Looks a lot to me like keyword stuffing is loved by Panda. In my niches, the top 10 sites' content averages about 11%-25% of the keyword(s) they rank for on their top ranking page. 1 in 10 to 1 in 4 of the words on that page match the keyword! Unbelievable!
"Site where you would send your kids?" (Did he say what age of kids? what if you don't have kids?) Should we start every page with "Hello Kids, I am your friend..." That'll only get you arrested in many places. So now Google wants us to illustrate our sites with action comics, colorful unicorns and puppies, huh? Uh-oh, come to notice, those same top 10 sites mentioned above ARE also almost all full of fancy schmancy graphics, flash and gifs and very little content otherwise. Looks like G is trying to put a lot of computer graphic artists to work and dumb-down the internet.

whatson

WebmasterWorld Senior Member 10+ Year Member



 
Msg#: 4386348 posted 4:36 pm on Nov 14, 2011 (gmt 0)

Hmm, funny you say that, when I showed MC my site he read through one page, it was about a theme park, and the description read "It is one of the.."
MC told me why do I have "it" I should replace it with the name of the theme park. I didn't think much of it at the time, but maybe he was giving me a huge clue?

GlobalMax



 
Msg#: 4386348 posted 6:05 pm on Nov 14, 2011 (gmt 0)

It's probably more a snippet suitability issue than a keyword frequency issue. Using the actual name rather than a pronoun is good form in a topic sentence, which I suspect also increases its usefulness as a snippet when the topic sentence separated from the referent.

whatson

WebmasterWorld Senior Member 10+ Year Member



 
Msg#: 4386348 posted 6:19 pm on Nov 14, 2011 (gmt 0)

Sure, but why would MC care enough to tell me what a 5th grade English teacher can? Am I reading into it too much?

GlobalMax



 
Msg#: 4386348 posted 6:23 pm on Nov 14, 2011 (gmt 0)

They "are now more likely to pick text from the actual page content" for snippets [1], so I'm pretty sure he had snippet quality in mind when he recommended that you use the referent rather than the pronoun.

[1] [insidesearch.blogspot.com ]

tedster

WebmasterWorld Senior Member tedster us a WebmasterWorld Top Contributor of All Time 10+ Year Member



 
Msg#: 4386348 posted 6:24 pm on Nov 14, 2011 (gmt 0)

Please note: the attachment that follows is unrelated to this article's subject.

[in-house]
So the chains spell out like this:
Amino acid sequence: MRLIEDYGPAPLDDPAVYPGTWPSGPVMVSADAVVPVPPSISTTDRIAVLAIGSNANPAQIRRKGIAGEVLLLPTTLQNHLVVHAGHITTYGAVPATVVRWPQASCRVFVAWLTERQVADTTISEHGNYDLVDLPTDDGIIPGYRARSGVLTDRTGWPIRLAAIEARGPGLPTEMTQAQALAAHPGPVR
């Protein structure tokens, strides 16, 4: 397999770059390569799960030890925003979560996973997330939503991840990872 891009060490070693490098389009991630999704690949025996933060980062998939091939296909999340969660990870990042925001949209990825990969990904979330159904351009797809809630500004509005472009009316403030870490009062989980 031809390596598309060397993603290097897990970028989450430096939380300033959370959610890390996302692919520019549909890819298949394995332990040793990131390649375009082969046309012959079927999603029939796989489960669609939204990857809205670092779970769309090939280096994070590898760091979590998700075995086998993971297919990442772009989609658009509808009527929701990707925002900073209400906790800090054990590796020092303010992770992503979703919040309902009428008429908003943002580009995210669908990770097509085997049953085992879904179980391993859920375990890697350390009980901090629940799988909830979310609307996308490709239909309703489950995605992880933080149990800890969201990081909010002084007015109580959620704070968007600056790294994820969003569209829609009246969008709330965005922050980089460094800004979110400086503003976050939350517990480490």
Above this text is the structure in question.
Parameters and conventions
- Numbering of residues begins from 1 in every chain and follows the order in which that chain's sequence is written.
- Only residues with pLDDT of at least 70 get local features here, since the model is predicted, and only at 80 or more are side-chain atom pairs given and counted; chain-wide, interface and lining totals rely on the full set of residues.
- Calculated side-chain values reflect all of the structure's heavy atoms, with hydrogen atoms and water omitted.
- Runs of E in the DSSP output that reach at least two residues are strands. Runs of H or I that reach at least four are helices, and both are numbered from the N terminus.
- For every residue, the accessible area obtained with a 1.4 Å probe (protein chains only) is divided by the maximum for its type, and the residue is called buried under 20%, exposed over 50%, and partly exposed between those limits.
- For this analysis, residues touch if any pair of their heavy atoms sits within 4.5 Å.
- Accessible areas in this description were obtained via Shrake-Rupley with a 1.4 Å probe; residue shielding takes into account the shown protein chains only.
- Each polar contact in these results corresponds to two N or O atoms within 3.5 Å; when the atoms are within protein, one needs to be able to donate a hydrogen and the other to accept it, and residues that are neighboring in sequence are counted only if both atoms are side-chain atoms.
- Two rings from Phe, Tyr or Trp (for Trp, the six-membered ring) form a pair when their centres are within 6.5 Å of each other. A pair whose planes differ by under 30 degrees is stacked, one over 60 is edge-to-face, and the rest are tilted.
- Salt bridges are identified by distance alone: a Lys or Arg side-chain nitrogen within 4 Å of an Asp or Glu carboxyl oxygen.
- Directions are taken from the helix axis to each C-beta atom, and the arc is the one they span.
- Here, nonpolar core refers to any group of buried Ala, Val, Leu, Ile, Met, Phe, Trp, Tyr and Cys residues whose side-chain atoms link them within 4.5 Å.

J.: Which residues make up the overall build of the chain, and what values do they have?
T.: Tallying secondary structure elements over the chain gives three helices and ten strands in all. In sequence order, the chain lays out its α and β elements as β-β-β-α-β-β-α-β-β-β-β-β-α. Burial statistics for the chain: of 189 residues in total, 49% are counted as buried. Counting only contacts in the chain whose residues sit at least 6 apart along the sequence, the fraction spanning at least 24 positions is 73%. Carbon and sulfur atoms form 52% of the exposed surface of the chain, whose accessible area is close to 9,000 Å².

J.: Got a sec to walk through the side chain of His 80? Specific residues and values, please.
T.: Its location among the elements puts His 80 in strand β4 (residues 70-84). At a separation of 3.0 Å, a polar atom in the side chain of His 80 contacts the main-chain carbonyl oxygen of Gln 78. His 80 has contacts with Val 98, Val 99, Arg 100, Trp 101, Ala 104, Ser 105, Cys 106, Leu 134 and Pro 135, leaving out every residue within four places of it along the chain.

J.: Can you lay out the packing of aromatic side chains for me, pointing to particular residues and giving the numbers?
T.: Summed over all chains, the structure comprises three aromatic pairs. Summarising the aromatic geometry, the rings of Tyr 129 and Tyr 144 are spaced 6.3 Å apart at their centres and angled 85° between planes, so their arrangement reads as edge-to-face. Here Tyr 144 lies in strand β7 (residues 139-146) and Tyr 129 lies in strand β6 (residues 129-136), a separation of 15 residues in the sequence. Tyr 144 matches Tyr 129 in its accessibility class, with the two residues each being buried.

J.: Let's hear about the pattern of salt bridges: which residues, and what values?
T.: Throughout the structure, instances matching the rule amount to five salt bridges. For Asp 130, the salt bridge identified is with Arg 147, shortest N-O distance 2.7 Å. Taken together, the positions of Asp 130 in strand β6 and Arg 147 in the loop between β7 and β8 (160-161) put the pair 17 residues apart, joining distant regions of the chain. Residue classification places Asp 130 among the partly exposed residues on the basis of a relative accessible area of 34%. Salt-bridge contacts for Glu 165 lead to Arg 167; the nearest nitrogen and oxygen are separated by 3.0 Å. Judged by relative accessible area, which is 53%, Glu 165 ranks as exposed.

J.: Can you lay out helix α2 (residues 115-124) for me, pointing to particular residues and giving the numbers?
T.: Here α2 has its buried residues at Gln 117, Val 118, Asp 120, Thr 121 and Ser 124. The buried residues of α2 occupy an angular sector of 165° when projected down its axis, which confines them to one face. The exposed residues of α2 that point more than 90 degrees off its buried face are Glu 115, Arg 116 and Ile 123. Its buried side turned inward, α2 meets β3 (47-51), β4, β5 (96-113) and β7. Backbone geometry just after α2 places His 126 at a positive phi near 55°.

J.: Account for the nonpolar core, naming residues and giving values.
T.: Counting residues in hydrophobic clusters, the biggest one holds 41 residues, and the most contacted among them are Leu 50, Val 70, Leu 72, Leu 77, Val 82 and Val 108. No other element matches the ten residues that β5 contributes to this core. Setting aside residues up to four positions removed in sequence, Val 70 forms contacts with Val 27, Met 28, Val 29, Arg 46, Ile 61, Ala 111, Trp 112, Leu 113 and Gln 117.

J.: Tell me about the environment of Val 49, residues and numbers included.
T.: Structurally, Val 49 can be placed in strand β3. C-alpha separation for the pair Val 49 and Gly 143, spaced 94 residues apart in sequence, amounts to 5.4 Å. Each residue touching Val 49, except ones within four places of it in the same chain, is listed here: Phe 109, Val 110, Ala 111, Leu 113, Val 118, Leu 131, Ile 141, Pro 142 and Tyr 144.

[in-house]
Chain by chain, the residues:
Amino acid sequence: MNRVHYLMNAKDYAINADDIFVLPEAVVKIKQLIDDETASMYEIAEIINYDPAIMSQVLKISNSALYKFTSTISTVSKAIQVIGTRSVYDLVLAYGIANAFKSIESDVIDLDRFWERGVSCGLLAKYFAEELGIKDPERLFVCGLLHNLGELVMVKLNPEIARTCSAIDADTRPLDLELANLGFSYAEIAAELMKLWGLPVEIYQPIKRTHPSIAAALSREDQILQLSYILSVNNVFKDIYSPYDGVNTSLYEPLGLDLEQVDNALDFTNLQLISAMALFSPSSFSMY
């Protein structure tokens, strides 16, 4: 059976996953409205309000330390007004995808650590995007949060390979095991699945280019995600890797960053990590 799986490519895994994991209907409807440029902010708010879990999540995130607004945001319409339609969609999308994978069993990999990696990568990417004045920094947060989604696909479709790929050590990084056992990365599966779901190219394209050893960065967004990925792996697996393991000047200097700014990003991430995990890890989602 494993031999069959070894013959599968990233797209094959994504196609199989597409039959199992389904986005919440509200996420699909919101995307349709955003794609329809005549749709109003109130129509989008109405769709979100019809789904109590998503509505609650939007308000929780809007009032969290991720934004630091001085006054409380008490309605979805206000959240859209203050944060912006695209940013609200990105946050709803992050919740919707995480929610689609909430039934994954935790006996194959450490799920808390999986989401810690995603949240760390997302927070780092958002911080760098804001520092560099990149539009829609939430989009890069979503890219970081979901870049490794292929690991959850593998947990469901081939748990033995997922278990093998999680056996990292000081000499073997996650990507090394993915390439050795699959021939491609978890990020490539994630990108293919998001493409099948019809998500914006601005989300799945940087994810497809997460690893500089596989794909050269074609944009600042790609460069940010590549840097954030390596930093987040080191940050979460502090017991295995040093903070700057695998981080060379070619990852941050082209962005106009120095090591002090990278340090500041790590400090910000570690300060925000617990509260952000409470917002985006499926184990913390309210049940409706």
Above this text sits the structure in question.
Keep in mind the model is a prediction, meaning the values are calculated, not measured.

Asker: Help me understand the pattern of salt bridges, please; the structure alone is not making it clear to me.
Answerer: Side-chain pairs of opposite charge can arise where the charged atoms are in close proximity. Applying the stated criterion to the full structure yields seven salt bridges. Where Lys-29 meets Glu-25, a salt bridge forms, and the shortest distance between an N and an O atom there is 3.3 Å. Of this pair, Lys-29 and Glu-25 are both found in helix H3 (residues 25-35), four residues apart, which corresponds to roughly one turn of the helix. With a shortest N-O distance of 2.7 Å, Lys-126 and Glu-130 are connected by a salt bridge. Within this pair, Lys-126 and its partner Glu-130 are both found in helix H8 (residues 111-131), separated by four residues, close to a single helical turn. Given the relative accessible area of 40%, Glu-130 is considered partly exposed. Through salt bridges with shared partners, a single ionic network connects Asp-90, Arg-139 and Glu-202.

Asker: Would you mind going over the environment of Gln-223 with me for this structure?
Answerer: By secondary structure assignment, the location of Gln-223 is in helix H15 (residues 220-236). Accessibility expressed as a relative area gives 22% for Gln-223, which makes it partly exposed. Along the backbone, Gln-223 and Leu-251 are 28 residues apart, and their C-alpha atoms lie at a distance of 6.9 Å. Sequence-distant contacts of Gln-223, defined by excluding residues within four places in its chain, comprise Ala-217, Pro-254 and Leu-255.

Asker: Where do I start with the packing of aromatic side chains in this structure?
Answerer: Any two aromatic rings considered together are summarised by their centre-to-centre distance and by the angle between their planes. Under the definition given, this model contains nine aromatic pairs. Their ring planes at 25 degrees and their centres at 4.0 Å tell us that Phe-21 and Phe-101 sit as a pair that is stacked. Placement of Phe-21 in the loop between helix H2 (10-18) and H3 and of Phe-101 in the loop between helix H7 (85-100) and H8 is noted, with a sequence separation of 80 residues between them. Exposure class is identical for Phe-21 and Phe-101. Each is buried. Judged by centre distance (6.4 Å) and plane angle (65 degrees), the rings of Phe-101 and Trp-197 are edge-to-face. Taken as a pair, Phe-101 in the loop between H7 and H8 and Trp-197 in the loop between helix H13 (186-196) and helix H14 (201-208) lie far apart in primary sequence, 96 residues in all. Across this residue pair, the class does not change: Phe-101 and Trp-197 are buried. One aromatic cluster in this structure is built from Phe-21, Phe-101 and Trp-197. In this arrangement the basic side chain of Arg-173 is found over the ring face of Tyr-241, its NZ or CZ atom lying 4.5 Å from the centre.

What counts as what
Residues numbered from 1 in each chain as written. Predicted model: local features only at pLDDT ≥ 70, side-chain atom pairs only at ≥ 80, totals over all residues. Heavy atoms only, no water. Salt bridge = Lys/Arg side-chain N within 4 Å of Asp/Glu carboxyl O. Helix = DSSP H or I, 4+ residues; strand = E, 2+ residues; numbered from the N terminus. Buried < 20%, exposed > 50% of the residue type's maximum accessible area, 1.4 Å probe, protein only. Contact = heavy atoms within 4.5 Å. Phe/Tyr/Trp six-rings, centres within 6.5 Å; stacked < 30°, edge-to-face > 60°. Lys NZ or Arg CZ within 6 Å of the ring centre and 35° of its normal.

I think it's a big fat clue, whatson - and one that an English teacher might even DIS-agree with. To be highly effective, web writing needs a lot more redundancy than offline writing. Yes, the fact that snippets are extracted and taken out-of-context is part of it.

Also, visitors often scan a lot and then jump into reading a sentence. If the meaning requires them to back up, you may have just turned that visit into a "short click".

[edited by: tedster at 4:01 am (utc) on Nov 15, 2011]

whatson

WebmasterWorld Senior Member 10+ Year Member



 
Msg#: 4386348 posted 12:27 am on Nov 15, 2011 (gmt 0)

Thanks Tedster, I agree with you, good points.

whatson

WebmasterWorld Senior Member 10+ Year Member



 
Msg#: 4386348 posted 7:33 am on Nov 15, 2011 (gmt 0)

I am changing all my pronouns, it may look over-optimized, but I think that is ok.

potentialgeek

WebmasterWorld Senior Member 5+ Year Member



 
Msg#: 4386348 posted 10:24 pm on Nov 15, 2011 (gmt 0)

This is the best news to come from MC for awhile, as it means there is no permanent demotion. However, like almost everything he says, the devil is in the details. My guess is, once you crash & burn, it takes MUCH more to get back into position again, as opposed to a newer site that has not fallen from grace.

The conclusion after experiments done by Search Engine Watch [webmasterworld.com...] is that there's a higher bar to get out of Pandalization.

I've heard that Google is so pleased with the success of Panda they doubt there will ever be another major update. They only need to tweak Panda from now on. This could explain why they are under strict orders not to divulge the secrets of Panda. Cutts and others have been extremely tight-lipped about Panda - arguably more so than any other major update in the company's history.

whatson

WebmasterWorld Senior Member 10+ Year Member



 
Msg#: 4386348 posted 10:28 pm on Nov 15, 2011 (gmt 0)

Sure, but it could be a temporary thing, as soon as the secrets get out, it might something so simple that anyone can make the tweaks to their site and be out.